All in Policies
Last Thursday, Dallin Oaks of the First Presidency of the Church of Jesus Christ of Latter-day Saints, commonly referred to as the Mormon Church, took to the stand and appealed a policy that caused a massive uproar in the Mormonism. The rescission of the policy seemingly created as large a shock as its implementation with hundreds of Mormons taking to social media to express their surprise, praise, and excitement. However, the reaction in the LGBT community did not express the same sentiments.
In February 2003, Deseret Book, the Mormon Church’s publishing arm, released a book penned by Alonzo Gaskill titled, The Lost Language of Symbolism: An Essential Guide for Recognizing and Interpreting Symbols of the Gospel. Upon investigation, it was found that many ideas and phrases in this book were directly copied from InterVarsity Press’s Dictionary of Biblical Imagery.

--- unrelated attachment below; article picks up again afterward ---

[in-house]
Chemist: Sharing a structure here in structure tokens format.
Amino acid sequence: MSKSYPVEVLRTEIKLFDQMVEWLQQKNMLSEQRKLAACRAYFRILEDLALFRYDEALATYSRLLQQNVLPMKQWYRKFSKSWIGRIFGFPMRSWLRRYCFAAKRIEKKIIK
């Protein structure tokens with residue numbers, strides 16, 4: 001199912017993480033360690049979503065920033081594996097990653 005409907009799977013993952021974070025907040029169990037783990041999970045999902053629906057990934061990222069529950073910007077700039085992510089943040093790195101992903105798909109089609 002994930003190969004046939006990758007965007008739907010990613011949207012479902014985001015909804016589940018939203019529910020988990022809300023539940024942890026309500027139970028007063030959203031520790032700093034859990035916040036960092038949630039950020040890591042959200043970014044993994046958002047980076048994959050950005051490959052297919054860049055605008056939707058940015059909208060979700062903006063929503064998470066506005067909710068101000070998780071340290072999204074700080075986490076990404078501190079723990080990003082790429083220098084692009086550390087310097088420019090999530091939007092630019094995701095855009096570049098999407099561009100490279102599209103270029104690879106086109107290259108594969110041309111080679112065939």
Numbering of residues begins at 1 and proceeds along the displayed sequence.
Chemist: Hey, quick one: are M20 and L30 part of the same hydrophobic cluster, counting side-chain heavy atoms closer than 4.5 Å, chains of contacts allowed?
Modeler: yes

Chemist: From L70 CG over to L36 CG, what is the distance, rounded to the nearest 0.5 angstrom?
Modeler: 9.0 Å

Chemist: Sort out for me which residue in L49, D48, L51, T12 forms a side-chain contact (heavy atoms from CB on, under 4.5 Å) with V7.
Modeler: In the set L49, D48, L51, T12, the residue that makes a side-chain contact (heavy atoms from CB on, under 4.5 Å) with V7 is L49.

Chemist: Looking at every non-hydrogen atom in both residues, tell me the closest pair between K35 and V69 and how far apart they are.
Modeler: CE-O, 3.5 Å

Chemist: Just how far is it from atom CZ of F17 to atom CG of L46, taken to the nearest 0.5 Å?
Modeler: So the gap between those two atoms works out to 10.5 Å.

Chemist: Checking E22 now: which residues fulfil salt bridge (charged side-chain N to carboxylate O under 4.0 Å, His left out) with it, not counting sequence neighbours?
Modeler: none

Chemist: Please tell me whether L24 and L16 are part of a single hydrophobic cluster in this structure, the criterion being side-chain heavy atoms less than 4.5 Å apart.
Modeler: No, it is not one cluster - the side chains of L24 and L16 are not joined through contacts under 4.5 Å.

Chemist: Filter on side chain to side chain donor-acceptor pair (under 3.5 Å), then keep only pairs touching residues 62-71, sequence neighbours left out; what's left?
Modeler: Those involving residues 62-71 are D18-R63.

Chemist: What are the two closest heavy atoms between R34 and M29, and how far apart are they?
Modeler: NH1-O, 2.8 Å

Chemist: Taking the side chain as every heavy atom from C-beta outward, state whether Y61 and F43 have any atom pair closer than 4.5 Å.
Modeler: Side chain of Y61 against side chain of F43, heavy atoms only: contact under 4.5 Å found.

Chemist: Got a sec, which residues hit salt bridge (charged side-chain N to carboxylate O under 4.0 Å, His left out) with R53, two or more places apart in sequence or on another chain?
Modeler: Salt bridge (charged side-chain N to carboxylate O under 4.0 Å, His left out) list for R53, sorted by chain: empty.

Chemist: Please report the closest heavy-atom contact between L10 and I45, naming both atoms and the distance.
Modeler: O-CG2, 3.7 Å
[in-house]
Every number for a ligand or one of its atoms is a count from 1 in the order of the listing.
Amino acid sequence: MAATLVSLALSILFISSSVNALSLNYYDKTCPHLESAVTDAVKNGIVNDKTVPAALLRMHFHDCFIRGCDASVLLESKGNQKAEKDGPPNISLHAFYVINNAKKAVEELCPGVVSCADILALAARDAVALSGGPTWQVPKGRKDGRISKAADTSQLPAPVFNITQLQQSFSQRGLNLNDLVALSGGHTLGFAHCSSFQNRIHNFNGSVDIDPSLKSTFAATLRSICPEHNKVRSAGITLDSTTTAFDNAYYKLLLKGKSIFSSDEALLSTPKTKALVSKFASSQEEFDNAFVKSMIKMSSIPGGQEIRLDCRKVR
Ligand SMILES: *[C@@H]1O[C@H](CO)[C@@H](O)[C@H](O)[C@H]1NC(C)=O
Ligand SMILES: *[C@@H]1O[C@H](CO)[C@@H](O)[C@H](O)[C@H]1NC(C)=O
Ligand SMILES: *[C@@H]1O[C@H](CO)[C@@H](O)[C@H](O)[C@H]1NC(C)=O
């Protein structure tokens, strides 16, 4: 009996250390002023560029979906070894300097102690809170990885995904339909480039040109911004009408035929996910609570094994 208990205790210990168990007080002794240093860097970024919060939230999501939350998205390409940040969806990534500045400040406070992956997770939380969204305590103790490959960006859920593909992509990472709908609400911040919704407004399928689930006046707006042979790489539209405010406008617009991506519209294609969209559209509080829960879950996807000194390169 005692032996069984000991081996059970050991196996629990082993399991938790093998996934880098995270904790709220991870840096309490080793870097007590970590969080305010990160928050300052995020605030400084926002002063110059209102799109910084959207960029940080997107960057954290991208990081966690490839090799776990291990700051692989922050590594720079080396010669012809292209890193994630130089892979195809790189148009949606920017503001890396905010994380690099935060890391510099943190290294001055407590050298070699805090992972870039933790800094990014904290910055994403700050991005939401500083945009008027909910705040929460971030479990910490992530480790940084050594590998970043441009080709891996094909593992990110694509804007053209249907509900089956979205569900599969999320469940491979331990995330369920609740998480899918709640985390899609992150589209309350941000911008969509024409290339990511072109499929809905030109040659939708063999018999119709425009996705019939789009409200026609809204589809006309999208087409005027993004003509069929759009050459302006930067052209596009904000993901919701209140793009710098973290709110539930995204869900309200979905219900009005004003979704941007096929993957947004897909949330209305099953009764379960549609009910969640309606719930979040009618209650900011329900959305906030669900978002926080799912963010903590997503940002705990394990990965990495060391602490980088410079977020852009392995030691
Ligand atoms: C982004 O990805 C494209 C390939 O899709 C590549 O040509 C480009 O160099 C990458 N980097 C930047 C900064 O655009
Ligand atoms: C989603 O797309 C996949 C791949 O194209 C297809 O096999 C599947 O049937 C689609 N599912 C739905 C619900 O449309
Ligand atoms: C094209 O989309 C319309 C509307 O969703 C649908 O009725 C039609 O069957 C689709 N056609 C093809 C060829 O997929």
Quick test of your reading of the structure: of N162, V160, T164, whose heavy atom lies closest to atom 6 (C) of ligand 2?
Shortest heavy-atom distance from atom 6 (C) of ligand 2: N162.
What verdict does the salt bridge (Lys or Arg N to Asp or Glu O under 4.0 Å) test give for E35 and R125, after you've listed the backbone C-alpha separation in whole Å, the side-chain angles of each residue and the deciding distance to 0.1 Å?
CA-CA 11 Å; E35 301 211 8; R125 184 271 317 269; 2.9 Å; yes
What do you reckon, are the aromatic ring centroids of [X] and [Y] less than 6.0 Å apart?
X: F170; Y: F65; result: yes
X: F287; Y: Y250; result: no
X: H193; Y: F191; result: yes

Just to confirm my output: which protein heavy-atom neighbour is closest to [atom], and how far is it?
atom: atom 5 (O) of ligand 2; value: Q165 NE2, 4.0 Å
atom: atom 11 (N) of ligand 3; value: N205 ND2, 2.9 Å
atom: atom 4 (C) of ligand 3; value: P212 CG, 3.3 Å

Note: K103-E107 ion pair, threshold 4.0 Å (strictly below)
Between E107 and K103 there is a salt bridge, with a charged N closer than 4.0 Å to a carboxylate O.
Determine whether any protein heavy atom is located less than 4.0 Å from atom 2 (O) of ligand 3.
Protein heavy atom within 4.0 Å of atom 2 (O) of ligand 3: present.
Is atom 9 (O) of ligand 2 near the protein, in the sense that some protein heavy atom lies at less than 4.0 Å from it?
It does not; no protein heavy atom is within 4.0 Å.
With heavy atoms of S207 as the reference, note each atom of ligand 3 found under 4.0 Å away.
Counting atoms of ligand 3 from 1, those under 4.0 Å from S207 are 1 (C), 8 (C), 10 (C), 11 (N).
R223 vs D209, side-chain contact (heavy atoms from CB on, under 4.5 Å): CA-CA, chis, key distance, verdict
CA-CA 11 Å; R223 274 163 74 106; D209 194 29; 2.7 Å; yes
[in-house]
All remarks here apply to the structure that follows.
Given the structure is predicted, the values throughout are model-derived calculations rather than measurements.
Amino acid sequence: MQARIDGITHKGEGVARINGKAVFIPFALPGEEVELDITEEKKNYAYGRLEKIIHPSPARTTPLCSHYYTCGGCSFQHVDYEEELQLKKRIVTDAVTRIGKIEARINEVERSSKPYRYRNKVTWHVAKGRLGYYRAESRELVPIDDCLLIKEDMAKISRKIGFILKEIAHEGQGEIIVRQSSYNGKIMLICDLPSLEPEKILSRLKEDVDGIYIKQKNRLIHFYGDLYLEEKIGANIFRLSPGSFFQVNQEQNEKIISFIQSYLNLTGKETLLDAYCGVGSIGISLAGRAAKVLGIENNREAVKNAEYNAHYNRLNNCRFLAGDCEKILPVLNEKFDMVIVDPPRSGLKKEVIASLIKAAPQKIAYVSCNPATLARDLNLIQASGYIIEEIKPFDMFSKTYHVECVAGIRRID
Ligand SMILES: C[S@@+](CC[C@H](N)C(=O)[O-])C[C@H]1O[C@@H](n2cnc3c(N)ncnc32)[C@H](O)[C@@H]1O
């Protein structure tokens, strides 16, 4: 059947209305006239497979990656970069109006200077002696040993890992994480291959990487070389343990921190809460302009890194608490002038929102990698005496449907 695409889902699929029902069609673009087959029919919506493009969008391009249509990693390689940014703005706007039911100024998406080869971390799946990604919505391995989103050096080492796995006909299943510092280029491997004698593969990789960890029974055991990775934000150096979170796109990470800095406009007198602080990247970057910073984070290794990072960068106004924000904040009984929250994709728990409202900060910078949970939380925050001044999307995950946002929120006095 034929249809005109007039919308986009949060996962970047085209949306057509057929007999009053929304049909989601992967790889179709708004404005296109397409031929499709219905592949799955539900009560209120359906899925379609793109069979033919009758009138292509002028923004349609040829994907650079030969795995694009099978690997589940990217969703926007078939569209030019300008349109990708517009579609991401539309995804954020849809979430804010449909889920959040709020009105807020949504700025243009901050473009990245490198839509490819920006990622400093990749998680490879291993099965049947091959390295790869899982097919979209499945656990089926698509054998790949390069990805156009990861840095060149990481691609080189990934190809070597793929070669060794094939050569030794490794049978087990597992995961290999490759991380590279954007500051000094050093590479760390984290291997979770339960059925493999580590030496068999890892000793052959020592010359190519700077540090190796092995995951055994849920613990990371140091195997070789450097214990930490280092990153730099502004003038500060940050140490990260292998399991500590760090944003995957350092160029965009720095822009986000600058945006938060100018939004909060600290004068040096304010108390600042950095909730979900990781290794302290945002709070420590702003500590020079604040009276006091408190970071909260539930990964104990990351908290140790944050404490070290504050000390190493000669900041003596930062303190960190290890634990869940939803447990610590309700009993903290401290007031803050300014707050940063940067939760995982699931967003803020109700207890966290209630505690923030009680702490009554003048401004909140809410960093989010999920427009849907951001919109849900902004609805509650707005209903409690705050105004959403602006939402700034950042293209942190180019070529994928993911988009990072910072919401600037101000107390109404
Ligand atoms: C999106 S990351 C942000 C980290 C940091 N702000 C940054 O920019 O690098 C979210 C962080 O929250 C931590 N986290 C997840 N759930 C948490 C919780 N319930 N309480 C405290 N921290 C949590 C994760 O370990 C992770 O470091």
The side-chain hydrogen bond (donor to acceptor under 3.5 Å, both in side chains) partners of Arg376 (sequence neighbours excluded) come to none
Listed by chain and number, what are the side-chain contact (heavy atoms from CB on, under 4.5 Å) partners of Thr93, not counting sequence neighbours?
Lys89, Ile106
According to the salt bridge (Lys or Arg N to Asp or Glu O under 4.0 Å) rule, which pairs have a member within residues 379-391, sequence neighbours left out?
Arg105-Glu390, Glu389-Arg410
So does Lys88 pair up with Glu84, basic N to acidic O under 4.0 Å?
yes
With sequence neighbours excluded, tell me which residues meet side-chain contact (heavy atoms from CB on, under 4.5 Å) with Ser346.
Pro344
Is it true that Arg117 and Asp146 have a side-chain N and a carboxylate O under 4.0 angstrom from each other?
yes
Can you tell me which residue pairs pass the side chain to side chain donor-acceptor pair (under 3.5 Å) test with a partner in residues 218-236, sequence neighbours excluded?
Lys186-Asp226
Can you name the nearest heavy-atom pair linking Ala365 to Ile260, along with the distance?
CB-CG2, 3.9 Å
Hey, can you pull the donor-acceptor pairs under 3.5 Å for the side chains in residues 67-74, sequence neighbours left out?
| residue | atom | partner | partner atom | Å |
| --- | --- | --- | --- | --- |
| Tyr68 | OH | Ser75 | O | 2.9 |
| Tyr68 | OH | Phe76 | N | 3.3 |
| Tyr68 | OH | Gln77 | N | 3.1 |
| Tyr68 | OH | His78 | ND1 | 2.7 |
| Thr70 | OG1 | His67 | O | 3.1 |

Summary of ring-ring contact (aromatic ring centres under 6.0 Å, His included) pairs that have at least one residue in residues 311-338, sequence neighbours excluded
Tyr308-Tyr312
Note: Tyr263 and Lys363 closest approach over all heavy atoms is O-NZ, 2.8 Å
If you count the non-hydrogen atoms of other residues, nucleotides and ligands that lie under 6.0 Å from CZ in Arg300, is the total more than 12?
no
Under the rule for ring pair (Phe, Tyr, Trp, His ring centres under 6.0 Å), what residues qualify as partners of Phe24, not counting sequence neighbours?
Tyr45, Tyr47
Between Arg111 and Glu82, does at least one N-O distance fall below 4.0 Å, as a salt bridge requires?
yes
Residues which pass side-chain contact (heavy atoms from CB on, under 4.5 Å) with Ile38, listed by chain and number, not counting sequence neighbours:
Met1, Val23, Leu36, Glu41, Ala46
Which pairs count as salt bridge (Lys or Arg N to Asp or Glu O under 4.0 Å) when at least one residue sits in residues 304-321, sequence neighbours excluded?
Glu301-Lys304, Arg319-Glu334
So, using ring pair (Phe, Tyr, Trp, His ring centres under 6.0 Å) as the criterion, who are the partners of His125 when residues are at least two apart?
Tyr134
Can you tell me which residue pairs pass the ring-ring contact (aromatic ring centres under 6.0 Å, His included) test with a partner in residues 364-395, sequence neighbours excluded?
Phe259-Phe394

On February 4, 2019, rumors of the release of a new Elders manual, meant only for the eyes of the top leaders in each congregation of Jehovah’s Witnesses (JW), began to surface on ex-JW forums across the Internet. Less than 24 hours later, the manual was leaked and seemingly non-stop analysis and comparison to previous versions began. In addition to the already released Elders manual, today the TTF also releases another internal manual, often informally referred to as the “branch manual”.
On the afternoon of Monday December 31, 2018, the Truth and Transparency Foundation (TTF) was issued four separate takedown requests for a total of 63 documents. The request came from the Watch Tower Bible and Tract Society of Pennsylvania, more commonly known as “Watch Tower”, the governing organization of the religious group known as the Jehovah’s Witnesses